What would you think of a blogger suggesting that the Democrats force open the Reagan archives to find out the truth about Iran Contra and the "October Surprise" on the 100th anniversary of his birth?  I think you'd be repulsed, just as I was by this article.

By the way, Mr. Fallows, if you're reading this: this kind of thing does NOT reflect well on you.

Let me be clear on two points: (1) I am in favor of openness of ALL public records and archives. (Yes, let's find out what Reagan and the lawbreakers in his Administration were up to!  Let's find out more about the crimes of the Cheney/Bush Administration.  Obama's, too!)

(2) Jim Fallows is not in the least responsible for anything I write here in his absence. Be fair: leave him out of this.

On with the playground spat.  
* Perspicacious political-science majors of a (much) earlier era will recognize this as the point famously made by E. E. Schatschneider in The Semi-Sovereign People. A quick refresher:
The outcome of all conflict is determined by the scope of its contagion.  Every change in the number of participants can affect the outcome.  So the most important strategy of politics is concerned with the scope of conflict.  As the scope expands or contracts, the balance of power between the combatants is sure to be altered.

So, you cannot predict the outcome of a fight by looking only at the original contestants. 

Every change in the scope of conflict has a bias -- it is partisan in nature.  A free society maximizes the contagion of conflict; it invites intervention. There has been a long-standing struggle between the privatization and the socialization of conflict.  Secrecy (of the sort that Max Kennedy is trying to enforce) is one way of privatizing conflict. The driving force behind the expansion of conflict is competitiveness.  Those who are "losing" in political or policy competition seek to expand the audience so as to change the result. (That's me.)  So, there is an element of uncertainty about political conflict.  It is always possible for the outcome to be reversed if the audience is expanded.  So, let's be thankful for this Atlantic blog and for the power of the press to shine a spotlight (Bryan Bender's article in the Boston Globe) on a problem and expand the audience.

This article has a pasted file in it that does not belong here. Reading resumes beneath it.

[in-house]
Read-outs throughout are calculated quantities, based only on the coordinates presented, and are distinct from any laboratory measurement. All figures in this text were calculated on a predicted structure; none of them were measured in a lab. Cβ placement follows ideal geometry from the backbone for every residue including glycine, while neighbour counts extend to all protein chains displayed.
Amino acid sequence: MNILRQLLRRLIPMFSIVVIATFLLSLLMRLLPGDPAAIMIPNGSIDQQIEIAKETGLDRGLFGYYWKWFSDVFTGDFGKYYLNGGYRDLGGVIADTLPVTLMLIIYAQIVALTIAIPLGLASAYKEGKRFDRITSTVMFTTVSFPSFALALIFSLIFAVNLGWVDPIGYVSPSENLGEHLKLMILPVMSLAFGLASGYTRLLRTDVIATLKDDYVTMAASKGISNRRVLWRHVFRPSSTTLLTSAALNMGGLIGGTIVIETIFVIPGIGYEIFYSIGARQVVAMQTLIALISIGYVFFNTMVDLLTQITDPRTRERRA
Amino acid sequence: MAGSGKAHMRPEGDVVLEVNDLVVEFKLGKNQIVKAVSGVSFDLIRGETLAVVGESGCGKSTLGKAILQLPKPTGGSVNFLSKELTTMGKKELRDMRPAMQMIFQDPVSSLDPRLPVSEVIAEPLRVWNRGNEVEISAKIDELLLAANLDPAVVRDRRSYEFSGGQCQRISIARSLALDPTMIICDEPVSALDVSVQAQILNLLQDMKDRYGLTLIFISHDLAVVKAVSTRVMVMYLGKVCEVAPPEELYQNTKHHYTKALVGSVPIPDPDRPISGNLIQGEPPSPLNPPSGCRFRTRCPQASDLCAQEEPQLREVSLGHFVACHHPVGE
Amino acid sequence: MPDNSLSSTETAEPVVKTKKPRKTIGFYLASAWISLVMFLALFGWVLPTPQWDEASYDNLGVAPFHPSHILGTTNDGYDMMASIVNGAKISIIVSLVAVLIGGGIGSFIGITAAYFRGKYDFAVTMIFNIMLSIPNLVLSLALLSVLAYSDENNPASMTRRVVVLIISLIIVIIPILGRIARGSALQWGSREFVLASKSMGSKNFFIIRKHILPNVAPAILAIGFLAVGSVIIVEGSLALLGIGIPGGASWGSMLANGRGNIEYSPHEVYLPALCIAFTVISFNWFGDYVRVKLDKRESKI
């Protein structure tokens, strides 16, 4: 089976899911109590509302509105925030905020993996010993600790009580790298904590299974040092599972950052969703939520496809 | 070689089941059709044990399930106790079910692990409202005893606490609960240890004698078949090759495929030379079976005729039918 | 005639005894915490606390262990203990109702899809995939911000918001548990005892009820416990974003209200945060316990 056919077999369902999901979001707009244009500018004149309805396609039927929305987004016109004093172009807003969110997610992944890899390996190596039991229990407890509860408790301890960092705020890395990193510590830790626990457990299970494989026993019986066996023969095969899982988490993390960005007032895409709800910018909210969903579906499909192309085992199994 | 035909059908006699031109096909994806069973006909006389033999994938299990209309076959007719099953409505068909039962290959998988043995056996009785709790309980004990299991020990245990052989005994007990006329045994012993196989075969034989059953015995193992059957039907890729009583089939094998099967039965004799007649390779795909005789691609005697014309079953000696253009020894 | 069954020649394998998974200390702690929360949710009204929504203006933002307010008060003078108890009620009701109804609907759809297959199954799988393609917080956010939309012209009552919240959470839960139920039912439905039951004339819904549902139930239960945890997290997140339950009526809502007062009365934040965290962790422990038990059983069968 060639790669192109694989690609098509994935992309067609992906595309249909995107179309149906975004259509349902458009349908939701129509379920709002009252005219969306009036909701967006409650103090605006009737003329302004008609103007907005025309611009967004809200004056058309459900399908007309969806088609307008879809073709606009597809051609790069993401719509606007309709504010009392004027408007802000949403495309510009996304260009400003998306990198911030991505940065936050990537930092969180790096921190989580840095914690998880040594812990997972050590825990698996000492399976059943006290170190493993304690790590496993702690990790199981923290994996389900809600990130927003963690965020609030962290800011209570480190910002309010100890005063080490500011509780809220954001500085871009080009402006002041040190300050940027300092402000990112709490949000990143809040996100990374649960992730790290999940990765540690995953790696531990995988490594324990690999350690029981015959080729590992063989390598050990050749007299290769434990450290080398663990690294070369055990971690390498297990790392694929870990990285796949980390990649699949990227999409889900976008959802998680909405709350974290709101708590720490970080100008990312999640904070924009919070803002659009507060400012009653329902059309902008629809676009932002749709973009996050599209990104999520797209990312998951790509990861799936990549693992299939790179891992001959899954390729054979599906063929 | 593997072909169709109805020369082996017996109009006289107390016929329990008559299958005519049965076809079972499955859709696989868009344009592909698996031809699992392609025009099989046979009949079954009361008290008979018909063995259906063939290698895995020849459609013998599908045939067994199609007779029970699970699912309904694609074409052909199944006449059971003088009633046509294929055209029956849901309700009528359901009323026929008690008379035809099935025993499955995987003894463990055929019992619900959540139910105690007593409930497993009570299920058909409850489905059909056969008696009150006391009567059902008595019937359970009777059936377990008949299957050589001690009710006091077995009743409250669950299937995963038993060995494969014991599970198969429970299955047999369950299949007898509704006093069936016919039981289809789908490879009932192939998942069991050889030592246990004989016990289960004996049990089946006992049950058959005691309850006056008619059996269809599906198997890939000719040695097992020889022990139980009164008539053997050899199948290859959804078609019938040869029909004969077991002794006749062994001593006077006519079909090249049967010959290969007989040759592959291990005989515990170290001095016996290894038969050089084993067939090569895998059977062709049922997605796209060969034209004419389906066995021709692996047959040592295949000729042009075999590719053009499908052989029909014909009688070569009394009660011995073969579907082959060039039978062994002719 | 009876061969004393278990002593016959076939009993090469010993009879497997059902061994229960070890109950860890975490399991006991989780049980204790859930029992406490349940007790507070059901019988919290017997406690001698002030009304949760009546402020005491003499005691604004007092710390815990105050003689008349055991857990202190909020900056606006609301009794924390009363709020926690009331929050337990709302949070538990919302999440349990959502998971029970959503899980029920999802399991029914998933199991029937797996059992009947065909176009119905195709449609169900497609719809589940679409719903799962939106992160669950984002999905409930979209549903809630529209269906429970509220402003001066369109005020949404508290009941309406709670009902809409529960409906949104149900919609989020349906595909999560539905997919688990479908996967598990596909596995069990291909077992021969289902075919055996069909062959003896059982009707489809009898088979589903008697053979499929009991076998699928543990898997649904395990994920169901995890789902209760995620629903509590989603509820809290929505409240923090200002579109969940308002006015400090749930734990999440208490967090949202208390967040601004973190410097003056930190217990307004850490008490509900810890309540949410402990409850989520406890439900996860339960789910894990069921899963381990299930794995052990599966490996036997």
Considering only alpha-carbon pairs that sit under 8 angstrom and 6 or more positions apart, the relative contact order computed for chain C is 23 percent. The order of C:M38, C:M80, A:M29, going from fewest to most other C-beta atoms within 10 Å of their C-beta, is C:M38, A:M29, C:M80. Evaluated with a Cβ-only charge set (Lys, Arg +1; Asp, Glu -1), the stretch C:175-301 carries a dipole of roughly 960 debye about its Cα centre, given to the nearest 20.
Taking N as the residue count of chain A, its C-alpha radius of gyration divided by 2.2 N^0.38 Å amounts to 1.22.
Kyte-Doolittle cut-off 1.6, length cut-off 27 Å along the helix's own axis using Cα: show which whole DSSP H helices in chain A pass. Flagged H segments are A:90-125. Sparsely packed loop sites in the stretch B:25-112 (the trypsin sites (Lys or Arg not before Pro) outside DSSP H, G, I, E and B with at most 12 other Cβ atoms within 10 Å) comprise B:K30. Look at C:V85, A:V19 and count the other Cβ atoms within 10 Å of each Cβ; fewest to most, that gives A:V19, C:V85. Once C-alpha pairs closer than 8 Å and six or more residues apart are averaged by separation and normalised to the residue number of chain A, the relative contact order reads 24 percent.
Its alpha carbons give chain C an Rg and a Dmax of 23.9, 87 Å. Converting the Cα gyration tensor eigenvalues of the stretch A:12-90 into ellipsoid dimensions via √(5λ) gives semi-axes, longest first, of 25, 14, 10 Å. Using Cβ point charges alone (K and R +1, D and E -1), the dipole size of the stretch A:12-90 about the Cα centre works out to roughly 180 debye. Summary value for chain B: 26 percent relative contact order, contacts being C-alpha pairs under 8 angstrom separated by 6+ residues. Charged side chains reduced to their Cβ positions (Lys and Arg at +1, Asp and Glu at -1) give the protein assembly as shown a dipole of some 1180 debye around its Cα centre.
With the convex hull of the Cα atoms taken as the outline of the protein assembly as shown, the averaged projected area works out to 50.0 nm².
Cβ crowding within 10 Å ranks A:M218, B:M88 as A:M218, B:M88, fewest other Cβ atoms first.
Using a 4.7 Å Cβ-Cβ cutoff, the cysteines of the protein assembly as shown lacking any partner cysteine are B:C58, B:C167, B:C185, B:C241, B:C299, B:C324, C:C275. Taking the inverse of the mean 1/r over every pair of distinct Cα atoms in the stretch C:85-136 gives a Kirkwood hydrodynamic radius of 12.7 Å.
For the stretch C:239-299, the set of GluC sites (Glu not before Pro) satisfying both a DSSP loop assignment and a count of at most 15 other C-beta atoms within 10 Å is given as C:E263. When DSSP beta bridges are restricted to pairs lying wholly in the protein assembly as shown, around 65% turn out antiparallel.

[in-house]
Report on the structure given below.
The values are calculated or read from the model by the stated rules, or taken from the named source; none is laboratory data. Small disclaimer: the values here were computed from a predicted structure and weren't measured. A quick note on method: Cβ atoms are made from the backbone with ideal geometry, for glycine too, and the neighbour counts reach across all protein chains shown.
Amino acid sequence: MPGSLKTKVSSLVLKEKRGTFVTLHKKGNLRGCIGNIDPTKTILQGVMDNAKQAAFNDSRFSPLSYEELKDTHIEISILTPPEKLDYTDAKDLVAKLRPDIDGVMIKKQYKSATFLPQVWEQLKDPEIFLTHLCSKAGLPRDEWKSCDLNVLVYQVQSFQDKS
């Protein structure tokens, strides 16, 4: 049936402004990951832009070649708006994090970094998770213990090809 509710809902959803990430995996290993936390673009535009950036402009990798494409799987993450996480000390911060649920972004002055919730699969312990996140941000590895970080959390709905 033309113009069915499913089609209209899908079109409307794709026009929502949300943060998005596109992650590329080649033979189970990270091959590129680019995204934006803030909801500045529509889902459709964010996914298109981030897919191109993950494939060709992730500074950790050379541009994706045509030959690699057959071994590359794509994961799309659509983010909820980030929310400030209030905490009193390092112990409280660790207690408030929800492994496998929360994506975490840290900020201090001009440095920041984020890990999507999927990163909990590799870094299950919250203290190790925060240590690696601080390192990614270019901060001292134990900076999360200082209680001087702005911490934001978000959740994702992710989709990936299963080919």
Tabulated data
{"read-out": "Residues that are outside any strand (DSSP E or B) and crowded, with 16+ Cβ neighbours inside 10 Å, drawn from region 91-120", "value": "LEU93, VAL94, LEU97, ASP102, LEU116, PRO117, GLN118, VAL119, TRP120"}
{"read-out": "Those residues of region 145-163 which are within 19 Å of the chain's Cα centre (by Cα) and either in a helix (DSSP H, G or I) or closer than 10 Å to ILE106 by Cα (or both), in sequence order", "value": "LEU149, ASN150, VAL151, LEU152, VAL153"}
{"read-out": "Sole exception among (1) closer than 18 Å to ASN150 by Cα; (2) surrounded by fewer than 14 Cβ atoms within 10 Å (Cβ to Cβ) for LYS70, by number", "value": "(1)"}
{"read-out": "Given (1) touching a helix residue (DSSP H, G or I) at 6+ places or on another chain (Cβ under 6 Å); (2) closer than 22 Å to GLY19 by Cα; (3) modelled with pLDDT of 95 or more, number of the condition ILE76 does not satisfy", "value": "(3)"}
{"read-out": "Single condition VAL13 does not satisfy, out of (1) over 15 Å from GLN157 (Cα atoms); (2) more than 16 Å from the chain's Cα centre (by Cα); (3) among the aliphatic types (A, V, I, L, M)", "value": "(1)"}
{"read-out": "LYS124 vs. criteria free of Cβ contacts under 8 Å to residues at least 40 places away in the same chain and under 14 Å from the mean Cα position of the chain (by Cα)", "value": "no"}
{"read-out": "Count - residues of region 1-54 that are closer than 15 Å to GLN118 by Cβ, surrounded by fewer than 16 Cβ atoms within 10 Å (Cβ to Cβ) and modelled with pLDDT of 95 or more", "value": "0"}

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James Fallows is a national correspondent for The Atlantic and has written for the magazine since the late 1970s. He has reported extensively from outside the United States and once worked as President Carter's chief speechwriter. His latest book is China Airborne. More

James Fallows is based in Washington as a national correspondent for The Atlantic. He has worked for the magazine for nearly 30 years and in that time has also lived in Seattle, Berkeley, Austin, Tokyo, Kuala Lumpur, Shanghai, and Beijing. He was raised in Redlands, California, received his undergraduate degree in American history and literature from Harvard, and received a graduate degree in economics from Oxford as a Rhodes scholar. In addition to working for The Atlantic, he has spent two years as chief White House speechwriter for Jimmy Carter, two years as the editor of US News & World Report, and six months as a program designer at Microsoft. He is an instrument-rated private pilot. He is also now the chair in U.S. media at the U.S. Studies Centre at the University of Sydney, in Australia.

Fallows has been a finalist for the National Magazine Award five times and has won once; he has also won the American Book Award for nonfiction and a N.Y. Emmy award for the documentary series Doing Business in China. He was the founding chairman of the New America Foundation. His recent books Blind Into Baghdad (2006) and Postcards From Tomorrow Square (2009) are based on his writings for The Atlantic. His latest book is China Airborne. He is married to Deborah Fallows, author of the recent book Dreaming in Chinese. They have two married sons.

Fallows welcomes and frequently quotes from reader mail sent via the "Email" button below. Unless you specify otherwise, we consider any incoming mail available for possible quotation -- but not with the sender's real name unless you explicitly state that it may be used. If you are wondering why Fallows does not use a "Comments" field below his posts, please see previous explanations here and here.